A much-anticipated collection of brilliantly observant short stories from one of the great American masters of the form.
At times raucously hilarious, at times charming and delightful, at times as solemn and mysterious as a pond at midnight, Deborah Eisenberg’s stories gently compel us to confront the most disturbing truths about ourselves—from our intimate lives as lovers, parents, and children, to our equally troubling roles as citizens on a violent, terrifying planet.
Each of the six stories in Your Duck is My Duck, her first collection since 2006, has the heft and complexity of a novel. With her own inexorable but utterly unpredictable logic and her almost uncanny ability to conjure the strange states of mind and emotion that constitute our daily consciousness, Eisenberg pulls us as if by gossamer threads through her characters—a tormented woman whose face determines her destiny; a group of film actors shocked to read a book about their past; a privileged young man who unexpectedly falls into a love affair with a human rights worker caught up in an all-consuming quest that he doesn't understand.
In Eisenberg’s world, the forces of money, sex, and power cannot be escaped, and the force of history, whether confronted or denied, cannot be evaded. No one writes better about time, tragedy and grief, and the indifferent but beautiful universe around us.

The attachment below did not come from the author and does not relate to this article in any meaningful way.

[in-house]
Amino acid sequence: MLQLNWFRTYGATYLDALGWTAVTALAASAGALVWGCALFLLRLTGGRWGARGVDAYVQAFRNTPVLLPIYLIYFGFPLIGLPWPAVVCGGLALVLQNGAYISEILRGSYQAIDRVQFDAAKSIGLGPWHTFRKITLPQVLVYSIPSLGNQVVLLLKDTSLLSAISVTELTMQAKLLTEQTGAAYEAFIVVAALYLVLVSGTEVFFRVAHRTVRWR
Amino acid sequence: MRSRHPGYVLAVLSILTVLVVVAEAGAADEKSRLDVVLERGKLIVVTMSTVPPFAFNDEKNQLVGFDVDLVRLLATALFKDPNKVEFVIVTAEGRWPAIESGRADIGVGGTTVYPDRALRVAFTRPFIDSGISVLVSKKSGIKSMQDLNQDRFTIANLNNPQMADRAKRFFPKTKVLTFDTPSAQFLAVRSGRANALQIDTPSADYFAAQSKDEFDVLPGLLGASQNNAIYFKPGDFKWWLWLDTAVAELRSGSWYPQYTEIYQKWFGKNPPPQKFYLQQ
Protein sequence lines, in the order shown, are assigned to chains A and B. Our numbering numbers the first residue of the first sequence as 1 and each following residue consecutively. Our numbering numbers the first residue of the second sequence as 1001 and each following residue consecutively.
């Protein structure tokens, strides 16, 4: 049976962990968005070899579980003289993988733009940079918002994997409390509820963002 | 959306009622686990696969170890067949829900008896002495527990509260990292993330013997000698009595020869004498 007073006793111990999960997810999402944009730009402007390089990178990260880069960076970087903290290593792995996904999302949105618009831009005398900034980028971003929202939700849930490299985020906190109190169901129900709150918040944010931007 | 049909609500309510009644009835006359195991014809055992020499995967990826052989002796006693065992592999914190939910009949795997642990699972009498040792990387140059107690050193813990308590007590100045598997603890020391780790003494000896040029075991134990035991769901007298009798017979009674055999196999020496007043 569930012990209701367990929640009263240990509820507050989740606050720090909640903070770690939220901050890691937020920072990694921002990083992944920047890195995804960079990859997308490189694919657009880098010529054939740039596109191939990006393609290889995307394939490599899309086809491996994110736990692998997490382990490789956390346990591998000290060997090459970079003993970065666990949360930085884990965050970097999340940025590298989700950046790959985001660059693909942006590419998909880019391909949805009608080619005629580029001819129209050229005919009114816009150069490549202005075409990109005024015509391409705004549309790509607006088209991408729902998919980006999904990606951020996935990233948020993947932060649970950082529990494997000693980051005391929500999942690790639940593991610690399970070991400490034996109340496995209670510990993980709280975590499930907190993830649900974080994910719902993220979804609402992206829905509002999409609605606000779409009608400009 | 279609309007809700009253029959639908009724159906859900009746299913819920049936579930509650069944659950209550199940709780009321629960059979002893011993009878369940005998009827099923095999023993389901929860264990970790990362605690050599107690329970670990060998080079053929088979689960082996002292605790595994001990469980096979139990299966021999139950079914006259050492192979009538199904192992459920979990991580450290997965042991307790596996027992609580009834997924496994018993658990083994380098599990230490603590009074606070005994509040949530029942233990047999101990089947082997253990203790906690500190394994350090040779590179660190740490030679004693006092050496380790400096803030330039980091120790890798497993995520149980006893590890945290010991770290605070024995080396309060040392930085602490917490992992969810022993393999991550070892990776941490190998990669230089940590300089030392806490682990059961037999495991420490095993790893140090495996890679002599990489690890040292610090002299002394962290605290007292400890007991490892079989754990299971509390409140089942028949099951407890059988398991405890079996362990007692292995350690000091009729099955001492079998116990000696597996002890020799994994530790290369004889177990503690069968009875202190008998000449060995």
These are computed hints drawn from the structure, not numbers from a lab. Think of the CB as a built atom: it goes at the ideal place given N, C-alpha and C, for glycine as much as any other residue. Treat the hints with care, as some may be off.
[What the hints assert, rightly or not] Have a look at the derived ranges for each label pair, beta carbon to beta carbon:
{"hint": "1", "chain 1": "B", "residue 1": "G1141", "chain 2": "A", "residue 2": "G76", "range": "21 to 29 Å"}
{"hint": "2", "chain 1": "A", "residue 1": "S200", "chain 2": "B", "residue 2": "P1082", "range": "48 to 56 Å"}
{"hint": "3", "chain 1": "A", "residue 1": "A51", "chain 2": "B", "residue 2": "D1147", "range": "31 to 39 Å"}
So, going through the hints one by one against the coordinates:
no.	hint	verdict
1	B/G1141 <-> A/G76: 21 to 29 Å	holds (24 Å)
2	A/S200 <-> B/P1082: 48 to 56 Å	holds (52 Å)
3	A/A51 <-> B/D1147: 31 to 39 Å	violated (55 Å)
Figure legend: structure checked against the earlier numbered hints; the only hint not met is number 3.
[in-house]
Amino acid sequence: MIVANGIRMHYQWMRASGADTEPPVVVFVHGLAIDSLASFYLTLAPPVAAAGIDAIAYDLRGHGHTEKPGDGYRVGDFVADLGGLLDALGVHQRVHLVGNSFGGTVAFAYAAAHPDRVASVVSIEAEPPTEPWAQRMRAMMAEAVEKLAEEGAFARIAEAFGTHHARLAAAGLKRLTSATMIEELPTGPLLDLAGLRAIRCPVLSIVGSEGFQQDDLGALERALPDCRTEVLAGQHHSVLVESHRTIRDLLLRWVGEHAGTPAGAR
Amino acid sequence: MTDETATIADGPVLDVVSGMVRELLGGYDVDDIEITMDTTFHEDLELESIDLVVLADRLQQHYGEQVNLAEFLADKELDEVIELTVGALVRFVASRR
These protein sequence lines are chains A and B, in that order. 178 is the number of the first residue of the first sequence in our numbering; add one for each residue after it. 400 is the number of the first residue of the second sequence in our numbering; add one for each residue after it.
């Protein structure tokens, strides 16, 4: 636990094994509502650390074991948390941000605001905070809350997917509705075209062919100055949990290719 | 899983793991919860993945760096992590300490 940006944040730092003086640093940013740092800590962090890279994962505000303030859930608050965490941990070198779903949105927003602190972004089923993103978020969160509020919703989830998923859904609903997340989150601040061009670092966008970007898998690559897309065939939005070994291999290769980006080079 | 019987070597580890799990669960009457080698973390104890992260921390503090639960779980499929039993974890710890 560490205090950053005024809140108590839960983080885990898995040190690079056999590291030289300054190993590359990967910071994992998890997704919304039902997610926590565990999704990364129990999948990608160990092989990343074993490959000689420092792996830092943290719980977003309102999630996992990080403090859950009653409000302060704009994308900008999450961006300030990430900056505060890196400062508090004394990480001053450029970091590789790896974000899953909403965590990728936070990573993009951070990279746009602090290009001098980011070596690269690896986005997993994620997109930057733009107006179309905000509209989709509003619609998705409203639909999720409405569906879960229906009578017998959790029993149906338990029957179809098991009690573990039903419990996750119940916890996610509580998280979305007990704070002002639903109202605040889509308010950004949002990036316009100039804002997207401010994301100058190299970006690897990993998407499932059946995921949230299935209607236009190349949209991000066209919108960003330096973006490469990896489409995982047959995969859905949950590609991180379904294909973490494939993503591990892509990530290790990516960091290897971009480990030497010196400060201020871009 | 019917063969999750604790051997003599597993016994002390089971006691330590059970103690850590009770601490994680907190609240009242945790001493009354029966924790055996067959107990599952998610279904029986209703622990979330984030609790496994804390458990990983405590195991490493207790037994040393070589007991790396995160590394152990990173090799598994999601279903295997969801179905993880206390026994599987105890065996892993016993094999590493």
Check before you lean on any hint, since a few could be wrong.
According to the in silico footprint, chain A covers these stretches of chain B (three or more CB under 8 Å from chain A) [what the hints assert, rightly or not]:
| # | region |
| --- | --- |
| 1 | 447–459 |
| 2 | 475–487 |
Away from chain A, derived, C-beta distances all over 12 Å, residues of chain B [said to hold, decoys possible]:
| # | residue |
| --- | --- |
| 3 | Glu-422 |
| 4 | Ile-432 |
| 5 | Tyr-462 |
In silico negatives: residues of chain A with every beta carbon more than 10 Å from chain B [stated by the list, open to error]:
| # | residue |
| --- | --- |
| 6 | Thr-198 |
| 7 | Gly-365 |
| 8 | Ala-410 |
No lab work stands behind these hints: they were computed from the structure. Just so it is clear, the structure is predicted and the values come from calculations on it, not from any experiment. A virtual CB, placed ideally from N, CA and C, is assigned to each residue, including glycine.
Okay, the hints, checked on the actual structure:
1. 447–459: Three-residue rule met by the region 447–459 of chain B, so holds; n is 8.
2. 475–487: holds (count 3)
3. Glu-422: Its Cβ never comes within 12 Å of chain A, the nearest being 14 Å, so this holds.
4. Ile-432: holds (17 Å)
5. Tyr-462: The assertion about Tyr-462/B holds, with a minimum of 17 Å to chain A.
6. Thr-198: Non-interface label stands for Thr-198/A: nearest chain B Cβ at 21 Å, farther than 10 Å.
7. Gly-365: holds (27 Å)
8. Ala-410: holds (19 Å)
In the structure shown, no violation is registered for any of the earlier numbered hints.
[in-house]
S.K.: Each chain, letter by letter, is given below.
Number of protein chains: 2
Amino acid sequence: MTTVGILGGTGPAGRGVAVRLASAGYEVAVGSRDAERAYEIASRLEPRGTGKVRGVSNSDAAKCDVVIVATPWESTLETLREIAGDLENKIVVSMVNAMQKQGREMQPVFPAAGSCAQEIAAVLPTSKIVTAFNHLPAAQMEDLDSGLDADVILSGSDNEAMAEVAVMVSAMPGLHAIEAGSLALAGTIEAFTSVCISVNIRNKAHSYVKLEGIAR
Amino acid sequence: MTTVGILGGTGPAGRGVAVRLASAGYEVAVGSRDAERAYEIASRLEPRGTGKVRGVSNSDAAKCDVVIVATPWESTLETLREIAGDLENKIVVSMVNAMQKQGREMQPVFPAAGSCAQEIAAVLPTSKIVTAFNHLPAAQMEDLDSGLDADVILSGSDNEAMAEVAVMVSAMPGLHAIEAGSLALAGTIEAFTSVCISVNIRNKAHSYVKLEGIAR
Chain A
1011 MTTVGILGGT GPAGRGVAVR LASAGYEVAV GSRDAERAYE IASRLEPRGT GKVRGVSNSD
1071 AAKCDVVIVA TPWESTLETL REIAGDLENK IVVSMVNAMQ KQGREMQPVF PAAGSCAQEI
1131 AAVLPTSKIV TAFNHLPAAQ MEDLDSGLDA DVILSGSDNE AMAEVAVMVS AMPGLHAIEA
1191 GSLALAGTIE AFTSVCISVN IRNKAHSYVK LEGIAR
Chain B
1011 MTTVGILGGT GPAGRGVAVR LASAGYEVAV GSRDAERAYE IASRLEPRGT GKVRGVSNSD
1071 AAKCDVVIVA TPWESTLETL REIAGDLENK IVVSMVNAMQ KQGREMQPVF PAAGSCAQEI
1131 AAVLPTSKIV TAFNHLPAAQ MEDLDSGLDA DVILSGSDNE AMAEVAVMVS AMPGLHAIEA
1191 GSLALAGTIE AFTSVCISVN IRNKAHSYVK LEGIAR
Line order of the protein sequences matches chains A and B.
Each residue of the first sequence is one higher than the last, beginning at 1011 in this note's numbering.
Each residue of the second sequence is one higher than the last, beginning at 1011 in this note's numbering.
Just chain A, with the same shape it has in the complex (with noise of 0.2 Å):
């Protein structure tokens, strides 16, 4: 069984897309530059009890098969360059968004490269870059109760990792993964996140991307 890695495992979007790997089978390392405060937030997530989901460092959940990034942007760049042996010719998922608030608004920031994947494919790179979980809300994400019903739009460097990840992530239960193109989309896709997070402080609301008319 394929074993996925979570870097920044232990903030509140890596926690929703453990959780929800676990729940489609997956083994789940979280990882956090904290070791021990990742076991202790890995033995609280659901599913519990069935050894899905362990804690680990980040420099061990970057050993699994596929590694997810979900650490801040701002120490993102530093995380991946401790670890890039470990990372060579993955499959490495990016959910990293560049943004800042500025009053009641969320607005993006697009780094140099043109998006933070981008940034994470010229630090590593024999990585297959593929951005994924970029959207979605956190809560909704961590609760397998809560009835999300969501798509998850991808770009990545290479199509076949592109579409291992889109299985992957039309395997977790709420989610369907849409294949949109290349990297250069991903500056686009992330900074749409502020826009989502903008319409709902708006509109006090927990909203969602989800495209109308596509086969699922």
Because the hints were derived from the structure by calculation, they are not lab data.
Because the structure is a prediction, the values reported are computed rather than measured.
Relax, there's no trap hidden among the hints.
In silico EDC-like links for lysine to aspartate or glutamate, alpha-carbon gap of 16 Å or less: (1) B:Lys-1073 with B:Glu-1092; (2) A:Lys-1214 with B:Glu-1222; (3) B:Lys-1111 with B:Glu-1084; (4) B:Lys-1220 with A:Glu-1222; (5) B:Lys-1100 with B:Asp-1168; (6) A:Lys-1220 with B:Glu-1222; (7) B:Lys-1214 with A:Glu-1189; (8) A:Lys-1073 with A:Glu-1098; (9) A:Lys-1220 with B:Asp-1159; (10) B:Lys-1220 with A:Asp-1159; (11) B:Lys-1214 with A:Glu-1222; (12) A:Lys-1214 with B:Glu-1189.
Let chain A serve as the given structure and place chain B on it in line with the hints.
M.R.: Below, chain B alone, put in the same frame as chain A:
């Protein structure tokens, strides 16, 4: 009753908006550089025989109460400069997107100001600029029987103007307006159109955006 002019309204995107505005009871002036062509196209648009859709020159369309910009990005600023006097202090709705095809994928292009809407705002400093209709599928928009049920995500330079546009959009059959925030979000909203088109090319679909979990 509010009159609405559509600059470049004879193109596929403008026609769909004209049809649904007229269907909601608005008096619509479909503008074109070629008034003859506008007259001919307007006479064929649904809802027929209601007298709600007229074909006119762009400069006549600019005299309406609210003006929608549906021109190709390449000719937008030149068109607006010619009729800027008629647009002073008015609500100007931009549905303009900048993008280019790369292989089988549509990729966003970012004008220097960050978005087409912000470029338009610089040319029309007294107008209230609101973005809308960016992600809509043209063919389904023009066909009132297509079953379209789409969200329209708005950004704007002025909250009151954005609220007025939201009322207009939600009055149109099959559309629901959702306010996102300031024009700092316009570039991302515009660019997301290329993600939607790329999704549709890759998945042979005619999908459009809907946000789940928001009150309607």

The six superlative and entertaining stories of Eisenberg's fifth collection (after 2006's Twilight of the Superheroes) mostly follow the wayward lives of upper-class Americans whose tragic vanities exaggerate the common human qualities that undermine all types of people. The title story follows a painter who has lost her way and finds it again in the tropical home of a volatile and exploitative wealthy couple. The amazing "Taj Mahal" introduces a cast of aging golden-era film stars who have gathered to debunk, complain about, and revel in the scathing memoir written by the grown son of the director who was once the center of their circle. The debasements and excesses of the Trump era are a frequent inspiration if not a subject "Merge," which bears an ironic epigraph from the current president ("I know words. I have the best words."), is a novella-length mystery about the ne'er-do-well son of a captain of industry, who is guided in an epistolary quest by his weirdo lover. Eisenberg is funny, grim, biting, and wise, but always with a light touch and always in the service of worlds that extend far beyond the page. A virtuoso at rendering the flickering gestures by which people simultaneously hide and reveal themselves, Eisenberg is an undisputed master of the short story.